3. On 30 September 2019 Mrs Y’s family met with a social worker on the hospital ward. The social worker made notes of the meeting as follows:

“We could refer for reablement however if they did not have capacity a mainstream provider would be required which may be chargeable, [Mrs Y] was not happy with this information and her son advised that they (himself and his sister) would support [Mrs Y] at home”

“[Mrs Y] again declined and her son was in agreement that at this time they would support [Mrs Y] at home. I explained that at this time [Mrs Y] was only able to transfer however they both remained adamant that they did not wish for an assessment”.

  1. The Council referred Mrs Y’s case for reablement services on 1 October 2019. This was following an assessment which concluded that Mrs Y required the use of a walking frame and the help of two people when transferring. The hospital physiotherapist also said that Mrs Y needed the use of some specialist equipment to assist during transfers.
  2. The physiotherapist called the social worker on 3 October 2019 to express some concerns. The social worker made notes of the call:

“She has spoken with [Mrs W] who remained adamant they would provide care… however was concerned she was not aware of the impact this could have on [Mrs Y] as well as her safety”.

  1. Later that day, the social worker called Mrs W to discuss Mrs Y’s physical needs “[Mrs W] advised that they managed to transfer [Mrs Y] before and would do it again if needed.”
  2. Mrs Y’s family met with the social worker on 4 October 2019 on the hospital ward to discuss Mrs Y’s future care needs. Mr and Mrs W say the social worker failed to introduce herself, was dismissive and did not take a person-centered approach. The social worker and her manager explained that reablement care was not currently available and that Mrs Y was on the waiting list as a ‘priority’.
  3. Mrs W says the social worker told her the hospital had the power to evict Mrs Y if necessary.
  4. The social worker entered a note on Mrs Y’s records: “She [Mrs W] agreed to take [Mrs Y] home and would support her until reablement was ready I explained that I could not give them a date and she could be supporting her mother for a couple of weeks at least she said that was fine. So I confirmed again with her that she would support and being willing to wait until reablement was ready ad she was able to do this as I could not give a date. She agreed. Discharge to be arranged for family support”.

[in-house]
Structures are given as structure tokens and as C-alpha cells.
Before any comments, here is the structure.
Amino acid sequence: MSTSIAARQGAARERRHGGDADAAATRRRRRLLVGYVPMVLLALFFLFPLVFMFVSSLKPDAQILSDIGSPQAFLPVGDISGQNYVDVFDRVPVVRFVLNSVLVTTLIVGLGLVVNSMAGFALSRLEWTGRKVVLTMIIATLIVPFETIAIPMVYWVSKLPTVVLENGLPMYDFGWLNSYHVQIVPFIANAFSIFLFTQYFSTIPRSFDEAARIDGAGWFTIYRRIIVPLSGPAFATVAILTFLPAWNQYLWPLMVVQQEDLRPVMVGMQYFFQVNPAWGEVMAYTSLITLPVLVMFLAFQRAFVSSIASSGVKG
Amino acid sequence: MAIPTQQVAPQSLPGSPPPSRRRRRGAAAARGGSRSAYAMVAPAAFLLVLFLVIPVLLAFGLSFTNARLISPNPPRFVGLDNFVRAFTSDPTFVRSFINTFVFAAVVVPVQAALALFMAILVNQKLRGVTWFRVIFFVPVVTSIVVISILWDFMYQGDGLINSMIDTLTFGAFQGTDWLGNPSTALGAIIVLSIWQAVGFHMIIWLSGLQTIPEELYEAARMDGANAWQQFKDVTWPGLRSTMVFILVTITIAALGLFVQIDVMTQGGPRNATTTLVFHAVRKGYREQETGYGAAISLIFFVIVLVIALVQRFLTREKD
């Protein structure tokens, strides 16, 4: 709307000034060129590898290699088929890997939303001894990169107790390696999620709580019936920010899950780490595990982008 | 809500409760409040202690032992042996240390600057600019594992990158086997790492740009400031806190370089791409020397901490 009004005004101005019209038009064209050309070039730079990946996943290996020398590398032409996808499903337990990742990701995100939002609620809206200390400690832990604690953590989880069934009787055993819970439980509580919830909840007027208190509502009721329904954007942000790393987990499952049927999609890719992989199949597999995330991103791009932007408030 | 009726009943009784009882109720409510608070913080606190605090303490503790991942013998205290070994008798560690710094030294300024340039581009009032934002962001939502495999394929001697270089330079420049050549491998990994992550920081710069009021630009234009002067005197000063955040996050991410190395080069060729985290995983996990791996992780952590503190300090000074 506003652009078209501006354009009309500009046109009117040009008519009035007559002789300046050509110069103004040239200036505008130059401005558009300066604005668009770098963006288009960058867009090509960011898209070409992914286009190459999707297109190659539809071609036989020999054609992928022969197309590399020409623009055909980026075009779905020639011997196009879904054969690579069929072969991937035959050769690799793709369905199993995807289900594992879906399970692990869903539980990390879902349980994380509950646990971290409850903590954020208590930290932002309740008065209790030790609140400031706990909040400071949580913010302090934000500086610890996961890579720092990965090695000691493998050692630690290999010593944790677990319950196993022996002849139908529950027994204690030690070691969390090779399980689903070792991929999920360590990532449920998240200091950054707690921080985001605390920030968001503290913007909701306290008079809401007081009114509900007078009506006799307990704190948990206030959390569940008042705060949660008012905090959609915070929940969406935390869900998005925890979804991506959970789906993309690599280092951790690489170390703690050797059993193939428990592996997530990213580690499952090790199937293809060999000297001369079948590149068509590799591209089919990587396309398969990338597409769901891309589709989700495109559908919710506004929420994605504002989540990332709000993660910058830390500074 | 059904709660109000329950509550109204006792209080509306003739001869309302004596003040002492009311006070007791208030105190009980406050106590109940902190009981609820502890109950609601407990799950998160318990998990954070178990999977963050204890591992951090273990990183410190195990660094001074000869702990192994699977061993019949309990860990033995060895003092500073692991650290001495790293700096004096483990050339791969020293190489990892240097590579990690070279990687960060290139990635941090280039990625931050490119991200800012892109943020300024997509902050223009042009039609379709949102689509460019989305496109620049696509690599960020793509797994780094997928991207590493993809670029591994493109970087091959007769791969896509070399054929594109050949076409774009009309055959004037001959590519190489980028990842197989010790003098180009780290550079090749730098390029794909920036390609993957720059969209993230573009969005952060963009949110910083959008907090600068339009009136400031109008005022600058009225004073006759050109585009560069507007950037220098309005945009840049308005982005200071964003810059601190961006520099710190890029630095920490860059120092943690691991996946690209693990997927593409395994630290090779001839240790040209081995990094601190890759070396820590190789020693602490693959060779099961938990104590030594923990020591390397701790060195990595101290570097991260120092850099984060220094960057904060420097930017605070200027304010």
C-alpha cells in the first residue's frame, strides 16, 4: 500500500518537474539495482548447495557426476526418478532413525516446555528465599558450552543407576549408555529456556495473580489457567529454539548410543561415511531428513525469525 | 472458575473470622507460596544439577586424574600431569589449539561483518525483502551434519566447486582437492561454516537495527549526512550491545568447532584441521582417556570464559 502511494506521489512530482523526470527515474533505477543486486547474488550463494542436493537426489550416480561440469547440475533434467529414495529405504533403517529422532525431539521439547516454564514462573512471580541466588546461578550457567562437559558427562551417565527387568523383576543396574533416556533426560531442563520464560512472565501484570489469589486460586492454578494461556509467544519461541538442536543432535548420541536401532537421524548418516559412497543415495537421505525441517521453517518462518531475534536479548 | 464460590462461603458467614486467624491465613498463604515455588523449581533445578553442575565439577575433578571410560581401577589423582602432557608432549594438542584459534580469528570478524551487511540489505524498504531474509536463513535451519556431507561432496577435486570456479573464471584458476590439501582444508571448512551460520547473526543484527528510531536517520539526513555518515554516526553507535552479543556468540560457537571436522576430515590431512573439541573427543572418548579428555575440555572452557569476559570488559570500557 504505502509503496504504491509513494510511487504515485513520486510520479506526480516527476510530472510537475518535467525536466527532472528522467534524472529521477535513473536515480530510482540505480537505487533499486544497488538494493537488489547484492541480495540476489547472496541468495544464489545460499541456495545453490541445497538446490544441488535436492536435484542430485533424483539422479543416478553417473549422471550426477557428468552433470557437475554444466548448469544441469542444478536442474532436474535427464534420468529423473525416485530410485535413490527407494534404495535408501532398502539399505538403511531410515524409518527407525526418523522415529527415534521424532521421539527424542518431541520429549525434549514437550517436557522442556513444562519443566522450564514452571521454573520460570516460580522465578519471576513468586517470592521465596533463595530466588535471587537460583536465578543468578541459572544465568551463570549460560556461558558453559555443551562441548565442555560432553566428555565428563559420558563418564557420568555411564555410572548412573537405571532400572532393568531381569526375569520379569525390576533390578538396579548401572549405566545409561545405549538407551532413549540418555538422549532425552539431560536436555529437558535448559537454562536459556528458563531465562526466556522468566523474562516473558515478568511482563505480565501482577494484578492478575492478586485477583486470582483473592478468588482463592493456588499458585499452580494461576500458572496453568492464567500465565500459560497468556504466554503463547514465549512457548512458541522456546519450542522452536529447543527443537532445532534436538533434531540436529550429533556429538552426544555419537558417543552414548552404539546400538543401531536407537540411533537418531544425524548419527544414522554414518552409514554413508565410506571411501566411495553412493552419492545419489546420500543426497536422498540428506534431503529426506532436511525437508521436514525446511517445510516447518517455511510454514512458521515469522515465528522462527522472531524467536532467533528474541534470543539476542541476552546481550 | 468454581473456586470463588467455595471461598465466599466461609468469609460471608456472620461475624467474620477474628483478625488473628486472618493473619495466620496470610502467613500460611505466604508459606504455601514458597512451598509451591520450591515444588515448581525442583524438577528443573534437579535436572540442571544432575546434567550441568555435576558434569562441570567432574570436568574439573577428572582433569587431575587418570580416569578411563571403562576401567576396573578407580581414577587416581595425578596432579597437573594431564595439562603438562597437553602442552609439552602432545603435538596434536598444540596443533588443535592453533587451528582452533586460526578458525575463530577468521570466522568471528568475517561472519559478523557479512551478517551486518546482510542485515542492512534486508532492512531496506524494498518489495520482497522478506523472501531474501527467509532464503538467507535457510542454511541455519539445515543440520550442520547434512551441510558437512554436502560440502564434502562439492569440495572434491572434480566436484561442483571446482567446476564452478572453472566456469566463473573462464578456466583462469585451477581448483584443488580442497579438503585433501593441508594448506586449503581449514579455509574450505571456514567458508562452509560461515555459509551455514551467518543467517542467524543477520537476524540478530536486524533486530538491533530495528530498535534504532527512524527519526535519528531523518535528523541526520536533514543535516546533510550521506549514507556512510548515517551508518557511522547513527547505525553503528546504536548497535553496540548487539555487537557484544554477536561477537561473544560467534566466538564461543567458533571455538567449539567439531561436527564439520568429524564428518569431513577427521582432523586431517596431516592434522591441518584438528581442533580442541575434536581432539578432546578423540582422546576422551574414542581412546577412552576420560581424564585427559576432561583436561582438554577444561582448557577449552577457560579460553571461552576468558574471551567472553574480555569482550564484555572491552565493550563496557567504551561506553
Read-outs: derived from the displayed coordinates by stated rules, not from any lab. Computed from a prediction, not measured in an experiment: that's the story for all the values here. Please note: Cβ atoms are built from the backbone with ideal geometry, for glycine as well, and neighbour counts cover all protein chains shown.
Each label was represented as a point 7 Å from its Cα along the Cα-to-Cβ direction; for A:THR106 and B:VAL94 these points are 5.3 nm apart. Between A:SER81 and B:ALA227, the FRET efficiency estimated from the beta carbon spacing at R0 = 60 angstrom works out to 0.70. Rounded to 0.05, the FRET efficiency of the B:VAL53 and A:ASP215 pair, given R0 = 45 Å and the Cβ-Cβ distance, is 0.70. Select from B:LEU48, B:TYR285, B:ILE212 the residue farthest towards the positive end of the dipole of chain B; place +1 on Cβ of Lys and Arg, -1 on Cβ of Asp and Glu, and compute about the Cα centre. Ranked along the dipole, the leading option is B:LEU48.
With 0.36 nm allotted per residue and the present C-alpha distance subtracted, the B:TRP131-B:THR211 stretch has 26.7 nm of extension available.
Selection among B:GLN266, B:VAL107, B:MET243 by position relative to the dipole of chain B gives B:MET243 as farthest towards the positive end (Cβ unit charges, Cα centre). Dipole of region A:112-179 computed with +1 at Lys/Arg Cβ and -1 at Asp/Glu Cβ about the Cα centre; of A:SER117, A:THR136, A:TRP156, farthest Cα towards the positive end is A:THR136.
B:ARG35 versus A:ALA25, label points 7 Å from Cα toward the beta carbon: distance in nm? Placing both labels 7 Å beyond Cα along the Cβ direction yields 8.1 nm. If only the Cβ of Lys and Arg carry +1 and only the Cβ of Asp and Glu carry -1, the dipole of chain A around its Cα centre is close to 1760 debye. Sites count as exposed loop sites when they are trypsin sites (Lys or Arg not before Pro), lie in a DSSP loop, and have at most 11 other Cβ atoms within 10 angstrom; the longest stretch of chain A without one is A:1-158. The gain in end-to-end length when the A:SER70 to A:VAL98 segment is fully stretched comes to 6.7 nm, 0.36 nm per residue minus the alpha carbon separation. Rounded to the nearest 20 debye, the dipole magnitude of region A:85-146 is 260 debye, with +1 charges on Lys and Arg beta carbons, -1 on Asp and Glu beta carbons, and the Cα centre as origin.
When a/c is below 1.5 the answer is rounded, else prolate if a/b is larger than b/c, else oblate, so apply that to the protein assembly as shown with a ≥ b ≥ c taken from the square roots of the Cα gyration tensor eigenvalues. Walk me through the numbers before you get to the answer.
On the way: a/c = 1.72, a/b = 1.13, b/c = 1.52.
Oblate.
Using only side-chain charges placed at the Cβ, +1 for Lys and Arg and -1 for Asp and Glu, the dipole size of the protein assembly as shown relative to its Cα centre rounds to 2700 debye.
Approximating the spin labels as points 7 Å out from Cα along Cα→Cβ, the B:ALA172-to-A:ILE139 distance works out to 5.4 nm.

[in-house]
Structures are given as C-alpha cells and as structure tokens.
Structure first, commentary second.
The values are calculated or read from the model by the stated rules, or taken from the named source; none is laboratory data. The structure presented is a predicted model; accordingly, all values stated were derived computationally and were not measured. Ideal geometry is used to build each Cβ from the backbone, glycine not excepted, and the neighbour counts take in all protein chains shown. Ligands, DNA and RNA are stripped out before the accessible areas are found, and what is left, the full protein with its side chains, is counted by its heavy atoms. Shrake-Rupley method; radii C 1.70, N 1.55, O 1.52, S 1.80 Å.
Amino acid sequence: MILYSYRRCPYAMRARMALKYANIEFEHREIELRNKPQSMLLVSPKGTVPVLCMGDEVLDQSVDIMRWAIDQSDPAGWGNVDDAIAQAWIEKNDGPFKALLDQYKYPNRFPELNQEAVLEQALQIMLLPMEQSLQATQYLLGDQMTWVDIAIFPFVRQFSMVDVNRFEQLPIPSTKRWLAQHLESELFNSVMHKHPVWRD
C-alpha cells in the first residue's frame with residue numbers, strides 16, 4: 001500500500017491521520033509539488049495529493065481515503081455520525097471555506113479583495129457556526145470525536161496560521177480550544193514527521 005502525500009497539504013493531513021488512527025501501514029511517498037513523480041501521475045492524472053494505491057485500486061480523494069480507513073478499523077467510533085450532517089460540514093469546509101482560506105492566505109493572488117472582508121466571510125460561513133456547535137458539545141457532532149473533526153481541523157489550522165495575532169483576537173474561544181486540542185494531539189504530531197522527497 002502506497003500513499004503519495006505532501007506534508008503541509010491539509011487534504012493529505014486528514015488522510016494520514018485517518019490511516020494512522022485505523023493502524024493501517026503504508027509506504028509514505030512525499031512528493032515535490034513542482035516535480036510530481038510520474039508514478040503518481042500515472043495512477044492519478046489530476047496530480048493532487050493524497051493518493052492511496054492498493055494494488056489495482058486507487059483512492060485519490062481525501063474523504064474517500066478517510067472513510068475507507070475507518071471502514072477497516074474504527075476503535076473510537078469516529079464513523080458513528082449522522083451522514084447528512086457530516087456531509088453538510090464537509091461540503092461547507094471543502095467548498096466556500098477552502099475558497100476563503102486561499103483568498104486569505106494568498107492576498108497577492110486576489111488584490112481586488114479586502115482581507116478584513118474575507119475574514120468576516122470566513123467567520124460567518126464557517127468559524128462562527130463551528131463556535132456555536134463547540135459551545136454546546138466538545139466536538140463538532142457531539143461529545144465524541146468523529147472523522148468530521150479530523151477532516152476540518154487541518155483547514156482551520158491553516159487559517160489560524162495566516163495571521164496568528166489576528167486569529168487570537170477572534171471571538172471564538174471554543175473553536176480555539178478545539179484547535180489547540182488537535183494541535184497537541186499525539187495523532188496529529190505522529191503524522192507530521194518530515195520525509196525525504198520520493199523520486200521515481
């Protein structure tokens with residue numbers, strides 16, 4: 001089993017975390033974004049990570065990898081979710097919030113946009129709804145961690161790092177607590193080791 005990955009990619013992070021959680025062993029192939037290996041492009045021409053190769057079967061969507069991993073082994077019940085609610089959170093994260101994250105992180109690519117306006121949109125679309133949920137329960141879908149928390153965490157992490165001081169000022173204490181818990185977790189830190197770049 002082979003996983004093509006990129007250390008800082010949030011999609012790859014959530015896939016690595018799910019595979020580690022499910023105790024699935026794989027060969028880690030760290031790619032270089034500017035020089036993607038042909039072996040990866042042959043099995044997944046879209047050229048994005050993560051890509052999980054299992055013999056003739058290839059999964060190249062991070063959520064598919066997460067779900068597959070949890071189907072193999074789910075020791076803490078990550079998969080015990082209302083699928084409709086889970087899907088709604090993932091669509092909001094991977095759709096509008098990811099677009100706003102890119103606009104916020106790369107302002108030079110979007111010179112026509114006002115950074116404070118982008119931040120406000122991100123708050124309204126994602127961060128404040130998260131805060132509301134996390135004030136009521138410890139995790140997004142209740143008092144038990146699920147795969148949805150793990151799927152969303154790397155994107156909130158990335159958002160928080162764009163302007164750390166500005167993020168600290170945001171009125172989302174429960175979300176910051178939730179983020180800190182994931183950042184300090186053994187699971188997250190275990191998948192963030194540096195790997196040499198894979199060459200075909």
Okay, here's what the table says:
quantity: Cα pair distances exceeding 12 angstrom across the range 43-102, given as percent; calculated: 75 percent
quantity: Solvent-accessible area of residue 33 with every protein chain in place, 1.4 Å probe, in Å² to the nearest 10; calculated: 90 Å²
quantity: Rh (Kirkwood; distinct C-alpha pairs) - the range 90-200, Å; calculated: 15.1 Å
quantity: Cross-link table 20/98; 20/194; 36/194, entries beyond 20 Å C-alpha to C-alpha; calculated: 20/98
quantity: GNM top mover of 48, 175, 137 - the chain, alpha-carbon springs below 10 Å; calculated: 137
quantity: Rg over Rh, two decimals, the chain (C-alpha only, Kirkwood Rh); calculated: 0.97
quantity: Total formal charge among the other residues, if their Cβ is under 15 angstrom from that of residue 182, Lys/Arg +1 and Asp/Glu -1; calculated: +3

5. The hospital discharged Mrs Y on 5 October 2019. The records show the social worker called Mrs W two days later to see how the family were managing, and to again discuss mainstream care. Mrs W explained that things had been hard, but that she refused mainstream care and would continue to support her mother until reablement services commenced.
  6. Mrs Y received reablement services at home from 11 October 2019.

Was there fault in the Council’s actions causing injustice?

  1. Mr and Mrs W complained to the Council because they were dissatisfied with the conduct of the social worker; namely her lack of professionalism and her poor communication. Mr and Mrs W also complained the Council allowed Mrs Y to be discharged without the necessary care and support in place, which in turn meant that family members were forced to step in and provide support until reablement services started. They say this caused injustice both to the family and Mrs Y.
  2. When responding to the complaint, the Council expressed an apology from the social worker and agreed social workers should be clear from the outset around the timescales of reablement care. The Council also apologised for the comments about hospital eviction and confirmed that social workers should not have discussions of this nature with families. The Council said this would be relayed to the relevant staff in a team meeting. This is an appropriate remedy for this part of Mr and Mrs W’s complaint.